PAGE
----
Regional geothermal characterisation of East Anatolia from aeromagnetic, heat flow and gravity data

BEKTAŞ Ö., RAVAT D., Bueyueksarac A., BİLİM F., ATEŞ A.

PURE AND APPLIED GEOPHYSICS, vol.164, no.5, pp.975-998, 2007 (SCI-Expanded) identifier identifier

  • Publication Type: Article / Article
  • Volume: 164 Issue: 5
  • Publication Date: 2007
  • Doi Number: 10.1007/s00024-007-0196-5
  • Journal Indexes: Science Citation Index Expanded (SCI-EXPANDED), Scopus
  • Page Numbers: pp.975-998
  • Keywords: aeromagnetic anomalies, gravity data, power spectrum, curie point depth, forward modelling, upper crustal structure
  • Çanakkale Onsekiz Mart University Affiliated: No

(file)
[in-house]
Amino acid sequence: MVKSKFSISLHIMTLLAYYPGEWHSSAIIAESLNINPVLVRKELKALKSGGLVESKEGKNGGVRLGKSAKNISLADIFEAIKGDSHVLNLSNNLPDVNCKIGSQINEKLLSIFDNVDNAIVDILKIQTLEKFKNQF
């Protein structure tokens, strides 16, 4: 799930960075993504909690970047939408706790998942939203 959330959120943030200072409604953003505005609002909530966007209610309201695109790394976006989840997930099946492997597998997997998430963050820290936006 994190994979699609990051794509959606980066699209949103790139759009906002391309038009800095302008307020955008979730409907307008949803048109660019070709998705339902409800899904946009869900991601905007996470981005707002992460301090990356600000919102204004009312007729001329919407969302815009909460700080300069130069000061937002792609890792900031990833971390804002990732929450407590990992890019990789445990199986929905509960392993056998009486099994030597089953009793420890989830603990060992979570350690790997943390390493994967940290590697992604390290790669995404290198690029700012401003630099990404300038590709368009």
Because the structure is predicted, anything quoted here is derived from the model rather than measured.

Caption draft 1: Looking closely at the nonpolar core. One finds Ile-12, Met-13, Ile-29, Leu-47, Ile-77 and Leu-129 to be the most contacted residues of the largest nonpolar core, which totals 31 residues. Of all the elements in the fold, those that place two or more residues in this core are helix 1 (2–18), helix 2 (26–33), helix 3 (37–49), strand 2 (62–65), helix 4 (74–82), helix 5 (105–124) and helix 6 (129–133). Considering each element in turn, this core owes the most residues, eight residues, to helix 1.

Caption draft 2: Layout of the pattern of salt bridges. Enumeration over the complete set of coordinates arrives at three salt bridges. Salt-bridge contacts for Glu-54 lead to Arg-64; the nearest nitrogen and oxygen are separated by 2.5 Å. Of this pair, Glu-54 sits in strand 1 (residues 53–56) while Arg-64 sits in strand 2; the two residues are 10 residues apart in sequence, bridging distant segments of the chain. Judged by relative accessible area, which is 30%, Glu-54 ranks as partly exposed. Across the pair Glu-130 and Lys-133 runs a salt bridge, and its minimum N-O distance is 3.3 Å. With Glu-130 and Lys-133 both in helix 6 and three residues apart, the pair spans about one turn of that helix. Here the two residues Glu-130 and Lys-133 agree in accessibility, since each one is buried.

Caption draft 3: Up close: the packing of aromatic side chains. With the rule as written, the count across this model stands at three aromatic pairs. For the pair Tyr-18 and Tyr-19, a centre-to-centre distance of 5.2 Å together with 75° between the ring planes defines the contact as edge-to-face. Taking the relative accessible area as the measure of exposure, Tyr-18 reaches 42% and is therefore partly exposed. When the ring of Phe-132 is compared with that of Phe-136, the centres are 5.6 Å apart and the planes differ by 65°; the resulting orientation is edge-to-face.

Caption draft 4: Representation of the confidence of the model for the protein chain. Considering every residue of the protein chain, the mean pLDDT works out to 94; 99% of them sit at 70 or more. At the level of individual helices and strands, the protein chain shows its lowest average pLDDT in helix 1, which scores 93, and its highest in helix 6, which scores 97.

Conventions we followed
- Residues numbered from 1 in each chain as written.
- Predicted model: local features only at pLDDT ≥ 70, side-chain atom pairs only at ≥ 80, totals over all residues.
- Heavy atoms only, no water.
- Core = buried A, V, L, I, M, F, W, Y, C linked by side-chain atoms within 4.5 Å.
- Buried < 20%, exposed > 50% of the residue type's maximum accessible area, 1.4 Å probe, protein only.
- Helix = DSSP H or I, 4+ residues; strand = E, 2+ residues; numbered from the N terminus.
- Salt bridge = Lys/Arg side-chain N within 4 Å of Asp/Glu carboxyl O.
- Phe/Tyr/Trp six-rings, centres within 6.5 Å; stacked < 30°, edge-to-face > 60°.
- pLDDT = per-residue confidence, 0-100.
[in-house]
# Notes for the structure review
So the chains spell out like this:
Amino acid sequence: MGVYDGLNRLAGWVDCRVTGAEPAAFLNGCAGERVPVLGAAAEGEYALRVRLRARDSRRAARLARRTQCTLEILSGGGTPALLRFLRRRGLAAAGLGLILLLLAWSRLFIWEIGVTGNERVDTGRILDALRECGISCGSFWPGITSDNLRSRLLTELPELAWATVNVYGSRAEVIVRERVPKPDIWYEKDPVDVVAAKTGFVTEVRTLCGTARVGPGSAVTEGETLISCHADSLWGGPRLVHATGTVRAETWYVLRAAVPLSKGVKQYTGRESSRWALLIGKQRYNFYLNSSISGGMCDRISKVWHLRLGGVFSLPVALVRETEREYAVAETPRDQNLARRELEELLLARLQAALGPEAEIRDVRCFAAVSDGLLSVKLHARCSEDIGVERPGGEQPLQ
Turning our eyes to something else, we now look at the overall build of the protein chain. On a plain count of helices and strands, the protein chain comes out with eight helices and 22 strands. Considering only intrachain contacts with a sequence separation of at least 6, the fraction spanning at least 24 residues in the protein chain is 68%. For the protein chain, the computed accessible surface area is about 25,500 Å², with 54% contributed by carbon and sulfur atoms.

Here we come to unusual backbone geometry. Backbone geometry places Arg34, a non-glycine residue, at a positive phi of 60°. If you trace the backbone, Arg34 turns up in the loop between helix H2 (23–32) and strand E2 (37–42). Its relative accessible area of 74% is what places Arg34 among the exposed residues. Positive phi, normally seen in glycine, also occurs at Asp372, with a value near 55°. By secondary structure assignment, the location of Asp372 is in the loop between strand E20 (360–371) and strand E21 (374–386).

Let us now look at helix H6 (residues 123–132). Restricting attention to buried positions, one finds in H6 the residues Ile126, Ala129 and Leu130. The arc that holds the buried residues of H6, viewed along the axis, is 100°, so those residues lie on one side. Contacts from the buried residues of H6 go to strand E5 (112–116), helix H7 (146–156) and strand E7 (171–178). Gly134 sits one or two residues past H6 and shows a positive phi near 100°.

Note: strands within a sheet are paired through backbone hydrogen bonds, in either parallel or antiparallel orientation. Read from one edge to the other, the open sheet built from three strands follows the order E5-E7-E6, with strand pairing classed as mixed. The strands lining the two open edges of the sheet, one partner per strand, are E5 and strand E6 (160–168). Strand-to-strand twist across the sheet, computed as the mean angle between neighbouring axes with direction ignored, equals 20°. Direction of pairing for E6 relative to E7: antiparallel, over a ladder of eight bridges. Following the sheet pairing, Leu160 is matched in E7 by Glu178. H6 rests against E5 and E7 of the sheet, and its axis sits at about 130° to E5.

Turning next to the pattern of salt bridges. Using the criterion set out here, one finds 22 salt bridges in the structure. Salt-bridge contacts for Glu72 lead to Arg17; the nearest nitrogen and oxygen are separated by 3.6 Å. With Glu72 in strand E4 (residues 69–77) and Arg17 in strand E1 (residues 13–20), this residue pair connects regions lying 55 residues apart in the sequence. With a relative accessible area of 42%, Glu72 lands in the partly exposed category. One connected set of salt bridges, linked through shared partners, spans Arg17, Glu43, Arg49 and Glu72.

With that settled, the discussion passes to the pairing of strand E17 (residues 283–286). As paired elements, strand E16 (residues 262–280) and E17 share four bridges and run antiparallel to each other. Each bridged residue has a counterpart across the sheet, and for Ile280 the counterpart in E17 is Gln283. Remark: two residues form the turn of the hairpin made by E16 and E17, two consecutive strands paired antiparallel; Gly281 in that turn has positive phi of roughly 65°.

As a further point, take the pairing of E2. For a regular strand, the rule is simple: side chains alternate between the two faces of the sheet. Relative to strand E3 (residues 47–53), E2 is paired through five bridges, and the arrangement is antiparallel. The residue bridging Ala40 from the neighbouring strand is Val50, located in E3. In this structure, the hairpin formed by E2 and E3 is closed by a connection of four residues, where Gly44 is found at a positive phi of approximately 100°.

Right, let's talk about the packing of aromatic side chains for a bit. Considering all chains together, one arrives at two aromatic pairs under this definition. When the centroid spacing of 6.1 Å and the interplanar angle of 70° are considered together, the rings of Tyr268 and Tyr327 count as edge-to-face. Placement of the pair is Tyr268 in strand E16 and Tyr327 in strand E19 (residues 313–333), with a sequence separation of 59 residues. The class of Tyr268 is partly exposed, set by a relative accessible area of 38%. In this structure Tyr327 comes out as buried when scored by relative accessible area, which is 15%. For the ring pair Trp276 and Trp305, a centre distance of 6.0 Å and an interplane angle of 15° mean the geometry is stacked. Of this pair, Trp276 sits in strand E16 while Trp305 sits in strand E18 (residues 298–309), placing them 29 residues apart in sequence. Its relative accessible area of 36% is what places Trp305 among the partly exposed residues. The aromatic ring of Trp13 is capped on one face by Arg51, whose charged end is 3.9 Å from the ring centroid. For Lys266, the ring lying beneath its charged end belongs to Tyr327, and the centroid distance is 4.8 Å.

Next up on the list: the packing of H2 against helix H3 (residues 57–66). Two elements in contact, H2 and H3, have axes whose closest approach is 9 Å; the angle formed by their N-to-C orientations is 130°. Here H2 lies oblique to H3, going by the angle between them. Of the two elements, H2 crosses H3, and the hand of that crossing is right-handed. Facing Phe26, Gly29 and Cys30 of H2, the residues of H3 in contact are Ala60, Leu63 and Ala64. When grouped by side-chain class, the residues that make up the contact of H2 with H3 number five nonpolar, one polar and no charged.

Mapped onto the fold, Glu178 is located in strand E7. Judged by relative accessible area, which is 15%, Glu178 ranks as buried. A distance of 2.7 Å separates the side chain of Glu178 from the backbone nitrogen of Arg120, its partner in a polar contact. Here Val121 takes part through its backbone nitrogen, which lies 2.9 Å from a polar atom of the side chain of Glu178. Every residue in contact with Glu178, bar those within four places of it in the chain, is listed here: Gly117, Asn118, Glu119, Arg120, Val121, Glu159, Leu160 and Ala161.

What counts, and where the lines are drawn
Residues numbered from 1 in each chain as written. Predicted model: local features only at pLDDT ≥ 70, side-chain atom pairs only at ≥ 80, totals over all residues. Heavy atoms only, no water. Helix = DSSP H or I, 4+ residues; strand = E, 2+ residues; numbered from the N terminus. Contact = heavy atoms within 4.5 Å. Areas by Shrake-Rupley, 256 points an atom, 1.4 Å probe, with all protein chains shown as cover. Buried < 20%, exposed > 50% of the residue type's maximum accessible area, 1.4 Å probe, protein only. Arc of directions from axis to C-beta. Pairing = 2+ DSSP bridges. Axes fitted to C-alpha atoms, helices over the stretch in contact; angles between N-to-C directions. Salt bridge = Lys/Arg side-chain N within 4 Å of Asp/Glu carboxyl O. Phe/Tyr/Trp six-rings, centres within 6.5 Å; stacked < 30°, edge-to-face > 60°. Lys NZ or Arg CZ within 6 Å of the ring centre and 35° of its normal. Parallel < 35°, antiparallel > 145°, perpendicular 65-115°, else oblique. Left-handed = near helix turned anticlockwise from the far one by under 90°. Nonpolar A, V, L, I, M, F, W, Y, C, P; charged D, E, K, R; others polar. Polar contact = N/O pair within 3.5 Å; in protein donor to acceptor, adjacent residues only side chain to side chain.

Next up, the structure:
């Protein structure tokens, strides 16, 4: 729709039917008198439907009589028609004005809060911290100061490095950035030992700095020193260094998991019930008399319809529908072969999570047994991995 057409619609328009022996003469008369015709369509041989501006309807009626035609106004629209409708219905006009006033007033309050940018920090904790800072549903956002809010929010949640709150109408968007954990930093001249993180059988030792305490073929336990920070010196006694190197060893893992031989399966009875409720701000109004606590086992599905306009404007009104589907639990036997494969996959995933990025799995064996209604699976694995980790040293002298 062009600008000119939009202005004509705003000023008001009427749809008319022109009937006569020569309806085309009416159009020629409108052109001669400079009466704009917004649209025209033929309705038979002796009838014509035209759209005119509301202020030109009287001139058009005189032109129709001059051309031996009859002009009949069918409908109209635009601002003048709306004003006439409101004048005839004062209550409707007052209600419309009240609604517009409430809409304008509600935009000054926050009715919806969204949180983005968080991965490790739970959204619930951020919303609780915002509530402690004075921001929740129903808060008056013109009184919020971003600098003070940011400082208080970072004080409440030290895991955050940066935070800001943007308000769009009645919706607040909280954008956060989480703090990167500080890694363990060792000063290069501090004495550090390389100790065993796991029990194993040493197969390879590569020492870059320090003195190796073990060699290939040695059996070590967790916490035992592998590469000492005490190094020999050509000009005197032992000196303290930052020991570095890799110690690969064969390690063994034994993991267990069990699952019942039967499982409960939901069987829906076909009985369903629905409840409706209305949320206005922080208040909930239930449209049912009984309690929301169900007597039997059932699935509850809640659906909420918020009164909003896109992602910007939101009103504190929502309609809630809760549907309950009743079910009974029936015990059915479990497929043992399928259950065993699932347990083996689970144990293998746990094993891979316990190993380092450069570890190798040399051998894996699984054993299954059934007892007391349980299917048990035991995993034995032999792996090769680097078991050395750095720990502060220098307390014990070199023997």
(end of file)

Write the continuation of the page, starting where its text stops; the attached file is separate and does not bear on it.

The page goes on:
East Anatolia is a region of high topography made up of a 2-km high plateau and Neogene and Quaternary volcanics overlying the subduction-accretion complex formed by the process of collision. The aeromagnetic and gravity data surveyed by the Mineral Research and Exploration (MTA) of Turkey have been used to interpret qualitatively the characteristics of the near-surface geology of the region. The residual aeromagnetic data were low-pass filtered and analyzed to produce the estimates of magnetic bottom using the centroid method and by forward modelling of spectra to evaluate the uncertainties in such estimates. The magnetic bottom estimates can be indicative of temperatures in the crust because magnetic minerals lose their spontaneous magnetization at the Curie temperature of the dominant magnetic minerals in the rocks and, thus, also are called Curie point depths (CPDs). The Curie point depths over the region of Eastern Anatolia vary from 12.9 to 22.6 km. Depths computed from forward modelling of spectra with 200-600 km window sizes suggest that the bottom depths from East Anatolia from the magnetic data may have errors exceeding 5 km; however, most of the obtained depths appear to lie in the above range and indicate that the lower crust is either demagnetized or non-magnetic. In the interpretation of the magnetic map, we also used reduction-to-pole (RTP) and amplitude of total gradient of high-pass filtered anomalies, which reduced dipolar orientation effects of induced aeromagnetic anomalies. However, the features of the RTP and the total gradient of the high-pass filtered aeromagnetic anomalies are not highly correlated to the hot spring water locations. On the other hand, many high-amplitude features seen on the total gradient map can be correlated with the ophiolitic rocks observed on the surface. This interpretation is supported by Bouguer gravity data. In this paper, we recommend that the sources of the widespread thermal activity seen in East Anatolia must be investigated individually by means of detailed mapping and modelling of high resolution geophysical data to assess further the geothermal potential of the region.